Disclaimer: The views expressed in this article are those of the authors and do not necessarily reflect the position or policy of the Department of Veterans Affairs.

References
1.
Moyer  VA, Force USPST U.S. Preventive Services Task Force.  Screening for prostate cancer: U.S. Preventive Services Task Force recommendation statement.  Ann Intern Med. 2012;157(2):120-134.PubMedGoogle ScholarCrossref
2.
Early Detection of Prostate Cancer. AUA Guideline. https://www.auanet.org/education/guidelines/prostate-cancer-detection.cfm. Accessed May 27, 2015.
3.
American Cancer Society recommendations for prostate cancer early detection. http://www.cancer.org/cancer/prostatecancer/moreinformation/prostatecancerearlydetection/prostate-cancer-early-detection-acs-recommendations. Accessed May 27, 2015.
4.
Rosario  DJ, Lane  JA, Metcalfe  C,  et al.  Short term outcomes of prostate biopsy in men tested for cancer by prostate specific antigen: prospective evaluation within ProtecT study.  BMJ. 2012;344:d7894.PubMedGoogle ScholarCrossref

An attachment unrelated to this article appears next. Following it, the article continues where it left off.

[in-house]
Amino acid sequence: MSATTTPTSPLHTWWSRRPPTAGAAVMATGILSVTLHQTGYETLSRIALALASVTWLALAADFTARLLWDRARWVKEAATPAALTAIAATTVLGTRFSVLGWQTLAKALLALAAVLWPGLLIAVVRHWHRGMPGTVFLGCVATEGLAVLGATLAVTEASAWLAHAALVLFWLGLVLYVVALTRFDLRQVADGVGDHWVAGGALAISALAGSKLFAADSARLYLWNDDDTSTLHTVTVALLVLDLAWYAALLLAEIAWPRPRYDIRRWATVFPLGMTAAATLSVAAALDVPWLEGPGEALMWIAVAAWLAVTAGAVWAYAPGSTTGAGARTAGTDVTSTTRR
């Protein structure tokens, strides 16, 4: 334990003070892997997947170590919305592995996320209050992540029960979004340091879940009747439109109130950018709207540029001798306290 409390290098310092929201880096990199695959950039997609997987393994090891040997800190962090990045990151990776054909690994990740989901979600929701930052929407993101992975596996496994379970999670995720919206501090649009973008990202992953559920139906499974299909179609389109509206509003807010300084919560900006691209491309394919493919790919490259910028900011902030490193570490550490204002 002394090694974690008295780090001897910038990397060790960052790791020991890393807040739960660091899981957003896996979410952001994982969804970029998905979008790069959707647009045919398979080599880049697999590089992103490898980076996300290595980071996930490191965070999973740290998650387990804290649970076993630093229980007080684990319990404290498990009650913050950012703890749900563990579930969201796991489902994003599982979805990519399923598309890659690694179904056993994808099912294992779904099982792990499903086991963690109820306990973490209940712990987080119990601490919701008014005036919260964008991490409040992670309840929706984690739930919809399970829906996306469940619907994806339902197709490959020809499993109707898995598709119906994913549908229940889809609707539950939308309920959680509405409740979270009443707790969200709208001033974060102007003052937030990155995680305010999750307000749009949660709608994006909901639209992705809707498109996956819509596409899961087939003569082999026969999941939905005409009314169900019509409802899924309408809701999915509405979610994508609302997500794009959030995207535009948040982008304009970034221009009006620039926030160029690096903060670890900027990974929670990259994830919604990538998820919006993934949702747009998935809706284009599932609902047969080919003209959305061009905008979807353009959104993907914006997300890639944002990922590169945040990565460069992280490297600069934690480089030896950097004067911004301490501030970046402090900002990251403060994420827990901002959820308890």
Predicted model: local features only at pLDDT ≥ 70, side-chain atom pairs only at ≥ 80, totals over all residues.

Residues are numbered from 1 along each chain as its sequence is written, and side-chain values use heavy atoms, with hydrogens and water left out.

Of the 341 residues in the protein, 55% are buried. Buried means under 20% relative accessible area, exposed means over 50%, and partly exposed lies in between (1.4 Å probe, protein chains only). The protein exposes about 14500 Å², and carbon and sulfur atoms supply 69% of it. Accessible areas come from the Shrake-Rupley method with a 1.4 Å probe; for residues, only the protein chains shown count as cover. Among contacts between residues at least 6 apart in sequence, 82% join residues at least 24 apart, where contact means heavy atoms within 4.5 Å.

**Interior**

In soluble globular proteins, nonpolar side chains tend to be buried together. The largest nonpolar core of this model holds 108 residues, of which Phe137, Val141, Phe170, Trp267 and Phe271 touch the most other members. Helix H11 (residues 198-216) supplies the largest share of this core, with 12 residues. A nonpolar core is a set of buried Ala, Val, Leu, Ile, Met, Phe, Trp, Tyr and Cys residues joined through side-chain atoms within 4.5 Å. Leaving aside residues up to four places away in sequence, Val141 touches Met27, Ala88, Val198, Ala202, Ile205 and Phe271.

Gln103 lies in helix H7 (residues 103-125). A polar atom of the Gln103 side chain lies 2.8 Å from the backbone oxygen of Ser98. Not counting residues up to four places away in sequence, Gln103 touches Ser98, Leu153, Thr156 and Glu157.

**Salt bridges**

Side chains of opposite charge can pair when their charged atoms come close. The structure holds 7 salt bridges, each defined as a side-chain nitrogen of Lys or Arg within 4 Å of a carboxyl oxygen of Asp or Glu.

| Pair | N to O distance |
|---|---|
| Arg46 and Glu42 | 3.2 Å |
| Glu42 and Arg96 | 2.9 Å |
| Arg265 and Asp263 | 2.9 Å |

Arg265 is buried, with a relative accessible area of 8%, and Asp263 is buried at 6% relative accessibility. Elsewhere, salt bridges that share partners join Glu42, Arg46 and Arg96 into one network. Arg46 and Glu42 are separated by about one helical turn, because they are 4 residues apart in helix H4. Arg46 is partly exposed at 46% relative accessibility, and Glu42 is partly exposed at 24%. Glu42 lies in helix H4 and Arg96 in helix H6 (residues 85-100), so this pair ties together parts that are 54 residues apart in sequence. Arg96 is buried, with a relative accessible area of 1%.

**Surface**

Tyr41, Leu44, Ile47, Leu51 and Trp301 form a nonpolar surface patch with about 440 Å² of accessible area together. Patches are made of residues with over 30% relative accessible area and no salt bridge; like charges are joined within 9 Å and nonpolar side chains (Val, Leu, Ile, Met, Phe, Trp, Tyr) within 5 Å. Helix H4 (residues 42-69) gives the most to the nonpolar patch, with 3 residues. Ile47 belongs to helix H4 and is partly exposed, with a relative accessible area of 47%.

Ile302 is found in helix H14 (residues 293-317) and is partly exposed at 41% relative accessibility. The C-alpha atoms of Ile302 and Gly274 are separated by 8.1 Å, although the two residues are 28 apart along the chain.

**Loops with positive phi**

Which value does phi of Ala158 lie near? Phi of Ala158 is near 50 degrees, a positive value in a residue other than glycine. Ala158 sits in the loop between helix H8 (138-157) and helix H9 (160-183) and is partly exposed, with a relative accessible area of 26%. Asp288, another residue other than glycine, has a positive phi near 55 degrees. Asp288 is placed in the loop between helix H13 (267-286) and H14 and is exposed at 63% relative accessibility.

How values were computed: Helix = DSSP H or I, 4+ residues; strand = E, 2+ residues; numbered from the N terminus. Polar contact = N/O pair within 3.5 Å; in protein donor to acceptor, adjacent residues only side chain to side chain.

5.
So  C, Kirby  KA, Mehta  K,  et al.  Medical center characteristics associated with PSA screening in elderly veterans with limited life expectancy.  J Gen Intern Med. 2012;27(6):653-660.PubMedGoogle ScholarCrossref
6.
Bellizzi  KM, Breslau  ES, Burness  A, Waldron  W.  Prevalence of cancer screening in older, racially diverse adults: still screening after all these years.  Arch Intern Med. 2011;171(22):2031-2037.PubMedGoogle ScholarCrossref
7.
Han  PKJ, Kobrin  S, Breen  N,  et al.  National evidence on the use of shared decision making in prostate-specific antigen screening.  Ann Fam Med. 2013;11(4):306-314.PubMedGoogle ScholarCrossref
8.
Steele  CB, Miller  DS, Maylahn  C, Uhler  RJ, Baker  CT.  Knowledge, attitudes, and screening practices among older men regarding prostate cancer.  Am J Public Health. 2000;90(10):1595-1600.PubMedGoogle ScholarCrossref
9.